The APM vision that’s been hotly debated over the last 12 months or so is ‘a world in which all projects succeed’. Should all projects succeed? Or should we be taking risks and launching some projects that might not come to anything? Or should all projects have the best possible chance of success?
In this video, some project management experts discuss this vision statement and what is likely to be possible in the future.
Copyright © A Girl's Guide to Project Management [A world in which all projects succeed [video]], All Right Reserved. 2014.
Oooh, it’s dangerous to make predictions for the future, but I thought I’d give it a go. Project management seems to be changing quite a lot at the moment, and it certainly feels like over the last couple of years we have (finally) taken some leaps forward in thinking and, as a profession, deciding where we should be headed. So, time to lay my neck on the line and tell you where I think project management is going.
Creativity takes teams back to the office
There’s been a lot of talk about flexibility, work/life balance and all that. And we’ve made great advances in managing virtual teams. I work from home some of the time, and from hotel rooms at other times, or on the train. My workspace isn’t just my office desk.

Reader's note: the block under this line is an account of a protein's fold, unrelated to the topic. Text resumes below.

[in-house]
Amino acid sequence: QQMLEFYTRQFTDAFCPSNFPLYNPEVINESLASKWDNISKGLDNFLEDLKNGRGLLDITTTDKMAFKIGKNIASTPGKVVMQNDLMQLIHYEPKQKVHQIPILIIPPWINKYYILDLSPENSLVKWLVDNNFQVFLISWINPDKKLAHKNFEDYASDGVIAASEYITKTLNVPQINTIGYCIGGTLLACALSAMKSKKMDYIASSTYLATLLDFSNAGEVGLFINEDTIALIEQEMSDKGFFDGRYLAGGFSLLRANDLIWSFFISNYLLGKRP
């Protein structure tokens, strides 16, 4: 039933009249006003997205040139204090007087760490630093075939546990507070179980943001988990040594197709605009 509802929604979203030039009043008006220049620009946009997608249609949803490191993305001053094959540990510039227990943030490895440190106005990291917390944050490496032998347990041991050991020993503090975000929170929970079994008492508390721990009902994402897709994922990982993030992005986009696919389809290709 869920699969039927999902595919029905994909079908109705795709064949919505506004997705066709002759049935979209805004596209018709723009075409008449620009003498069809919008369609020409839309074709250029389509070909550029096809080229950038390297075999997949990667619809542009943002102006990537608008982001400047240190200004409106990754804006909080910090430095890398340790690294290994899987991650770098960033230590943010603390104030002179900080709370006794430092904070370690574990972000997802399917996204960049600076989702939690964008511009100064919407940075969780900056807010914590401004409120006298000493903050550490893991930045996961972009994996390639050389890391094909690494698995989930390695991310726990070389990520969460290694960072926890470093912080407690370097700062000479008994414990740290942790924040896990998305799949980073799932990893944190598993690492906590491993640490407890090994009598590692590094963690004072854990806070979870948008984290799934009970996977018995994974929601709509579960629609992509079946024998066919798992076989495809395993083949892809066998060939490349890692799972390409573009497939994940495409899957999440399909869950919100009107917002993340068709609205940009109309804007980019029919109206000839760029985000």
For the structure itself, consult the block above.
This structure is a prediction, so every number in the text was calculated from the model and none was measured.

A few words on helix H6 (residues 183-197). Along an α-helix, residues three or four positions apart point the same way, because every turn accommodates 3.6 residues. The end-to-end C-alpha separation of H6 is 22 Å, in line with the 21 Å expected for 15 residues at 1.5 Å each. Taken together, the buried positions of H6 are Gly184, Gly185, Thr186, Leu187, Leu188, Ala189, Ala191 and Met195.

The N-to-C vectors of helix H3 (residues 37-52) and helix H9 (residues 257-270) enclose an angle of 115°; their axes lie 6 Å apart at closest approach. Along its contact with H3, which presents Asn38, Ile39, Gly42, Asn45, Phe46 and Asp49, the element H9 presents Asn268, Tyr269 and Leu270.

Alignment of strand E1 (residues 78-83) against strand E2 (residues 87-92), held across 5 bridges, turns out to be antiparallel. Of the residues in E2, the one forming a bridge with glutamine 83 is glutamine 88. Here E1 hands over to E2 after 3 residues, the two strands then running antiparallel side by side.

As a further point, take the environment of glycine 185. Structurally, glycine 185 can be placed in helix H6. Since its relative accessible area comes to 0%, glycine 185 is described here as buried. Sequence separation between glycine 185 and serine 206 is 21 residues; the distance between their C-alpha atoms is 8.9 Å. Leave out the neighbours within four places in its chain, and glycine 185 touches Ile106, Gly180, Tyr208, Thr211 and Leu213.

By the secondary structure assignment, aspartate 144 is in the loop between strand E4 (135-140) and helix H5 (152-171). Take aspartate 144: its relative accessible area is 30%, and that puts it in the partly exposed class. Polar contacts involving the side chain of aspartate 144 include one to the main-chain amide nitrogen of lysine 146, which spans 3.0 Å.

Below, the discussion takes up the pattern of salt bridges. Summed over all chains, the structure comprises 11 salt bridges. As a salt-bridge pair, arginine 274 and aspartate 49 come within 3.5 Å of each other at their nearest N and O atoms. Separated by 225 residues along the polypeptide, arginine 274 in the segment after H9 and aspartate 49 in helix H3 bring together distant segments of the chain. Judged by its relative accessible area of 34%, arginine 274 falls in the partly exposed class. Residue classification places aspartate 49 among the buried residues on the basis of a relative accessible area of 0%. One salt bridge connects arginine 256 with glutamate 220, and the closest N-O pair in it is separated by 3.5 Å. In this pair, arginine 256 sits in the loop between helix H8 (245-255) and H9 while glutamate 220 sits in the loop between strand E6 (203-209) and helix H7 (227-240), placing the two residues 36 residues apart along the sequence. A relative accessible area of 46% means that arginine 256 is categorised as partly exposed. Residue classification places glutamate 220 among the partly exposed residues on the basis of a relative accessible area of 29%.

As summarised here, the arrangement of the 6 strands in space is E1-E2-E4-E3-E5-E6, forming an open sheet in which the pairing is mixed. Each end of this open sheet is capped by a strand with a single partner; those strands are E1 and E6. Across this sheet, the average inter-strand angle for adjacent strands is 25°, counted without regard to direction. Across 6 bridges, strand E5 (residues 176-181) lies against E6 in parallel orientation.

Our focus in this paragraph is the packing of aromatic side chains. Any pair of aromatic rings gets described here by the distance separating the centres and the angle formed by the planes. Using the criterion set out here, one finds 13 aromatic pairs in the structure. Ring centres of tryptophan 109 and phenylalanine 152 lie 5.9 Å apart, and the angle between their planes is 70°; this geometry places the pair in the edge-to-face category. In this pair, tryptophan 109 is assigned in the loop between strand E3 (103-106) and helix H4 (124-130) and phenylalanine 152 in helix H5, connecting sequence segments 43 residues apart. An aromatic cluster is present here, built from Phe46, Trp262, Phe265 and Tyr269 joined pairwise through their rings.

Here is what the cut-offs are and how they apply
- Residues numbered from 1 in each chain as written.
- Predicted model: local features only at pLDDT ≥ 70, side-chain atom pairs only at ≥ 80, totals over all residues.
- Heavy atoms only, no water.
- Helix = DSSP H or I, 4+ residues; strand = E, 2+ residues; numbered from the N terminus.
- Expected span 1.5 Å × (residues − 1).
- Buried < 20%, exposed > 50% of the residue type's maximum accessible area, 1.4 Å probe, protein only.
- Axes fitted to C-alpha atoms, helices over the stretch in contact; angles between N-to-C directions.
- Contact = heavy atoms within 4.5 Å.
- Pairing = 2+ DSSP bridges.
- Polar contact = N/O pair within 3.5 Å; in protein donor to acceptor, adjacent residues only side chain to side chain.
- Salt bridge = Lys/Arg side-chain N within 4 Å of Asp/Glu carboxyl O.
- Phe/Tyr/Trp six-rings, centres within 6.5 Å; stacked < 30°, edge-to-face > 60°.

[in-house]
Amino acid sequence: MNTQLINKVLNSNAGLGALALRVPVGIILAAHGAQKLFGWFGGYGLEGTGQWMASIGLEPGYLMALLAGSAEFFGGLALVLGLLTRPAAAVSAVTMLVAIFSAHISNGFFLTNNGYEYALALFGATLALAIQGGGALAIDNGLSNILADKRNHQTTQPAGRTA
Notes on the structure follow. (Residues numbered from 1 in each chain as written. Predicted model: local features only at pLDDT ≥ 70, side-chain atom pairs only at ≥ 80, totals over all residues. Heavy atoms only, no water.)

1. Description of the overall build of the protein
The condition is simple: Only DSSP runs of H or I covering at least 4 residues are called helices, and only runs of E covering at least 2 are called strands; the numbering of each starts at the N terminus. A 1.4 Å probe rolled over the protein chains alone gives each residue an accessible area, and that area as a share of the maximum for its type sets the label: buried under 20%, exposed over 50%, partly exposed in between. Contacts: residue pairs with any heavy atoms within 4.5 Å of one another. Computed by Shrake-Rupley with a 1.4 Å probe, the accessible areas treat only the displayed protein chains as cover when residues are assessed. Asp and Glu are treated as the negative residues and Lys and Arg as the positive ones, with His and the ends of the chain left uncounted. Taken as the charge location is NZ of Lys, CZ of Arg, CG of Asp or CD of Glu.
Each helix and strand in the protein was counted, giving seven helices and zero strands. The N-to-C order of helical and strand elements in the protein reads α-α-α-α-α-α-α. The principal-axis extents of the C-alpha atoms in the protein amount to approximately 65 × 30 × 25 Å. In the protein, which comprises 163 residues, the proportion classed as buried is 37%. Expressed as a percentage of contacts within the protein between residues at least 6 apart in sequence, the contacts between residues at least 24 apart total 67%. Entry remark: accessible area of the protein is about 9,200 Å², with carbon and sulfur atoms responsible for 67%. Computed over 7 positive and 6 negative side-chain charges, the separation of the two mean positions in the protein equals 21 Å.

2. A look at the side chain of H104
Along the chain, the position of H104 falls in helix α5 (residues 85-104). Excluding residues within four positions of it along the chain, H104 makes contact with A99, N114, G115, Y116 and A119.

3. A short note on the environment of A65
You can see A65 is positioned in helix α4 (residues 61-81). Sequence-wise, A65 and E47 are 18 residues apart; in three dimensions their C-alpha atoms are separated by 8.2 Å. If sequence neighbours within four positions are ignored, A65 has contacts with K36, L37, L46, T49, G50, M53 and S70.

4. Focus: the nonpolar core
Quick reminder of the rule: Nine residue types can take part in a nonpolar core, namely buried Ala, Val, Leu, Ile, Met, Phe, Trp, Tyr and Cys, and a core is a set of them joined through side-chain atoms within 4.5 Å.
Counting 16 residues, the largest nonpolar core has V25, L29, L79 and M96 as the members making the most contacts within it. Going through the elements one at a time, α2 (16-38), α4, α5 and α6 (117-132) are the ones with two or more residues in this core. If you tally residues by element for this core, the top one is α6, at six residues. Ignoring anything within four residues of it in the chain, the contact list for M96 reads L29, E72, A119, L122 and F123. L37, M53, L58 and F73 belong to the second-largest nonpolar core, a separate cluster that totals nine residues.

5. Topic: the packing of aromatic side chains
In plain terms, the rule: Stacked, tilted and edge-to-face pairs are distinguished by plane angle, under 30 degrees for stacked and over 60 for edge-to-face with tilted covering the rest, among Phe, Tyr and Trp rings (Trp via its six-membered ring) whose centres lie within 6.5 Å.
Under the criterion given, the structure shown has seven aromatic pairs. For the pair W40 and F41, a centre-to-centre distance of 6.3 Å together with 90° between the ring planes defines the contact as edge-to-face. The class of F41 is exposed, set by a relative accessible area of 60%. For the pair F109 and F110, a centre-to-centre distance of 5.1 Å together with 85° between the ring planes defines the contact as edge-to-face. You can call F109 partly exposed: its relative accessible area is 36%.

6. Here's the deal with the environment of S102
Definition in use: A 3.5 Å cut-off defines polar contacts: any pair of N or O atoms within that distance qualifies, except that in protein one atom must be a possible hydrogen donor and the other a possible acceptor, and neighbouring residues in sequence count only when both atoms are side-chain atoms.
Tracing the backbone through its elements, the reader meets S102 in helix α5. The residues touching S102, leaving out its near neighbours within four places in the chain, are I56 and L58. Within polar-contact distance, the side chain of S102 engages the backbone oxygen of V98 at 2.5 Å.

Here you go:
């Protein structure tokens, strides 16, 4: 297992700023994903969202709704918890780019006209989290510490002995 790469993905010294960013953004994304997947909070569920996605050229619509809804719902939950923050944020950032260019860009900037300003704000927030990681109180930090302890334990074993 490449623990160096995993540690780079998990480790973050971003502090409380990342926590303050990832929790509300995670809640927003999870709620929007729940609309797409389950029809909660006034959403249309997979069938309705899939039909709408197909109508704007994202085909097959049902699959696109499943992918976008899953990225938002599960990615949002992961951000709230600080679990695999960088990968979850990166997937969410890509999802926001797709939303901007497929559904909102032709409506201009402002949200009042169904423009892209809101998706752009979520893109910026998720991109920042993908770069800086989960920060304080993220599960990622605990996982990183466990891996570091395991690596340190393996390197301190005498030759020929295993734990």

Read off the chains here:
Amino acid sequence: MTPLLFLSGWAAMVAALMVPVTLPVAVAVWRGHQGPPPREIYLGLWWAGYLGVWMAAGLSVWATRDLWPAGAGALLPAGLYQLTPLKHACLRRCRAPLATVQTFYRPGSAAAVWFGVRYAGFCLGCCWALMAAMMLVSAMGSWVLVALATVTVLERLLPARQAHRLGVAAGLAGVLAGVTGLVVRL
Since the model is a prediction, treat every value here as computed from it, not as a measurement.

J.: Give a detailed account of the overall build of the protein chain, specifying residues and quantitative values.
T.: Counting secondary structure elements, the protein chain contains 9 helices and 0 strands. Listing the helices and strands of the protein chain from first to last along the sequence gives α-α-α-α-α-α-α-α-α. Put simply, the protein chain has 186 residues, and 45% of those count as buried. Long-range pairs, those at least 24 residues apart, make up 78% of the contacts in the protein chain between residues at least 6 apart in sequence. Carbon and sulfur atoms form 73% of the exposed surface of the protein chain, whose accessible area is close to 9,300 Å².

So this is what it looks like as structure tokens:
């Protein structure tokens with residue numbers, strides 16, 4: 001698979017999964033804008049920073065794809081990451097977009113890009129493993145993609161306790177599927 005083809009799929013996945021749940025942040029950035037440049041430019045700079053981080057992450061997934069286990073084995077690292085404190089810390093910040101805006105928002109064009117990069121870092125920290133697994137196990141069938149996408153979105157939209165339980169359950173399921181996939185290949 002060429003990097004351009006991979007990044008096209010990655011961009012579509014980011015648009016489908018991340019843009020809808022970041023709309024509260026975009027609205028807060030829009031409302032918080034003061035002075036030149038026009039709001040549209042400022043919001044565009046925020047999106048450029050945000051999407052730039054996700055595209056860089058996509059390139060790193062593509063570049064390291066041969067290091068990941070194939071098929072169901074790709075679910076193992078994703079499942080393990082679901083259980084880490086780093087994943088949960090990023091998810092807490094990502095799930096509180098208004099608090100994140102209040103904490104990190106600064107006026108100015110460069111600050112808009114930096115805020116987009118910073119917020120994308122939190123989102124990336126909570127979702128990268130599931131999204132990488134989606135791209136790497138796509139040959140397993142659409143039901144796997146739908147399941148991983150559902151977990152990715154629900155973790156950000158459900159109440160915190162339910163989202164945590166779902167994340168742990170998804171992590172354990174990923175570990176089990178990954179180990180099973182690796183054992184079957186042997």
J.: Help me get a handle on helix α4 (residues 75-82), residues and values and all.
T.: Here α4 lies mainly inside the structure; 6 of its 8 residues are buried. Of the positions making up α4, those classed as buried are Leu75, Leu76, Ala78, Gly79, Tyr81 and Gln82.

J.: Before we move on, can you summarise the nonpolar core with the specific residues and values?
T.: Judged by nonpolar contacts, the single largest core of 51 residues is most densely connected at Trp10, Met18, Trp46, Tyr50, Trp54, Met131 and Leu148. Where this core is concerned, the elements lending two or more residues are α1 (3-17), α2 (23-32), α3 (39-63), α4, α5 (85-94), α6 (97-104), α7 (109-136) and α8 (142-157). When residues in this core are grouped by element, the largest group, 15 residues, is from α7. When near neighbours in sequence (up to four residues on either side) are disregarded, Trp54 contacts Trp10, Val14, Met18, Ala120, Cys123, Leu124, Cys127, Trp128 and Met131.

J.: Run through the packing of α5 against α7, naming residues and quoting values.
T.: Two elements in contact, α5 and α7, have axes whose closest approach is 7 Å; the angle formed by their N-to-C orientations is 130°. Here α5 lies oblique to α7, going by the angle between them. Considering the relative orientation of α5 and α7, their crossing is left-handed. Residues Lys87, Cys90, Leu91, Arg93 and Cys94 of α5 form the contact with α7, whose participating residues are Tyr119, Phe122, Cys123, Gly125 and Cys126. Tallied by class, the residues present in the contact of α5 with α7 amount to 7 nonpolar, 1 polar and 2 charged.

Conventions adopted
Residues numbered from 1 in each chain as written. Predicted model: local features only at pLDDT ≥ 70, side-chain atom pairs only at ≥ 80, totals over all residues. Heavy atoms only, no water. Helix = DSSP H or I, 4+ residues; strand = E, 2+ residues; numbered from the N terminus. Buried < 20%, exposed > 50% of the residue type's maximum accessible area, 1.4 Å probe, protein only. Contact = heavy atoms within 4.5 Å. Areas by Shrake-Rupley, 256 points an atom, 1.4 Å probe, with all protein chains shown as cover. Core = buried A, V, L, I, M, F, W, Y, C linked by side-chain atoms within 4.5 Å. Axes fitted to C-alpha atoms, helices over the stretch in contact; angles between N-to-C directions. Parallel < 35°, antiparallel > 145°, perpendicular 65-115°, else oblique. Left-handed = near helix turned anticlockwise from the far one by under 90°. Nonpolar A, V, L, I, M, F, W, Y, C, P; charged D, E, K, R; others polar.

Having said that, there is something to be said for hanging out with your colleagues. You can get more creative and solve problems more quickly. I just don’t think the technology is there to enable the sort of creativity that you get with the whole project team in a room together.
There will always be a need to work apart, especially as we draw on expertise wherever it is based in the world, but I think there will be a drive towards getting people back together as much as possible.
This is, apparently, where the conversation is at. Waterfall is dead, long live Agile. Actually, I don’t think it is that extreme. There are thousands of companies who haven’t adopted Agile but plenty more that have opted for an agile-light approach, with just enough process and just enough release management to get changes and features into projects without being able to say that they are truly Agile with a capital A.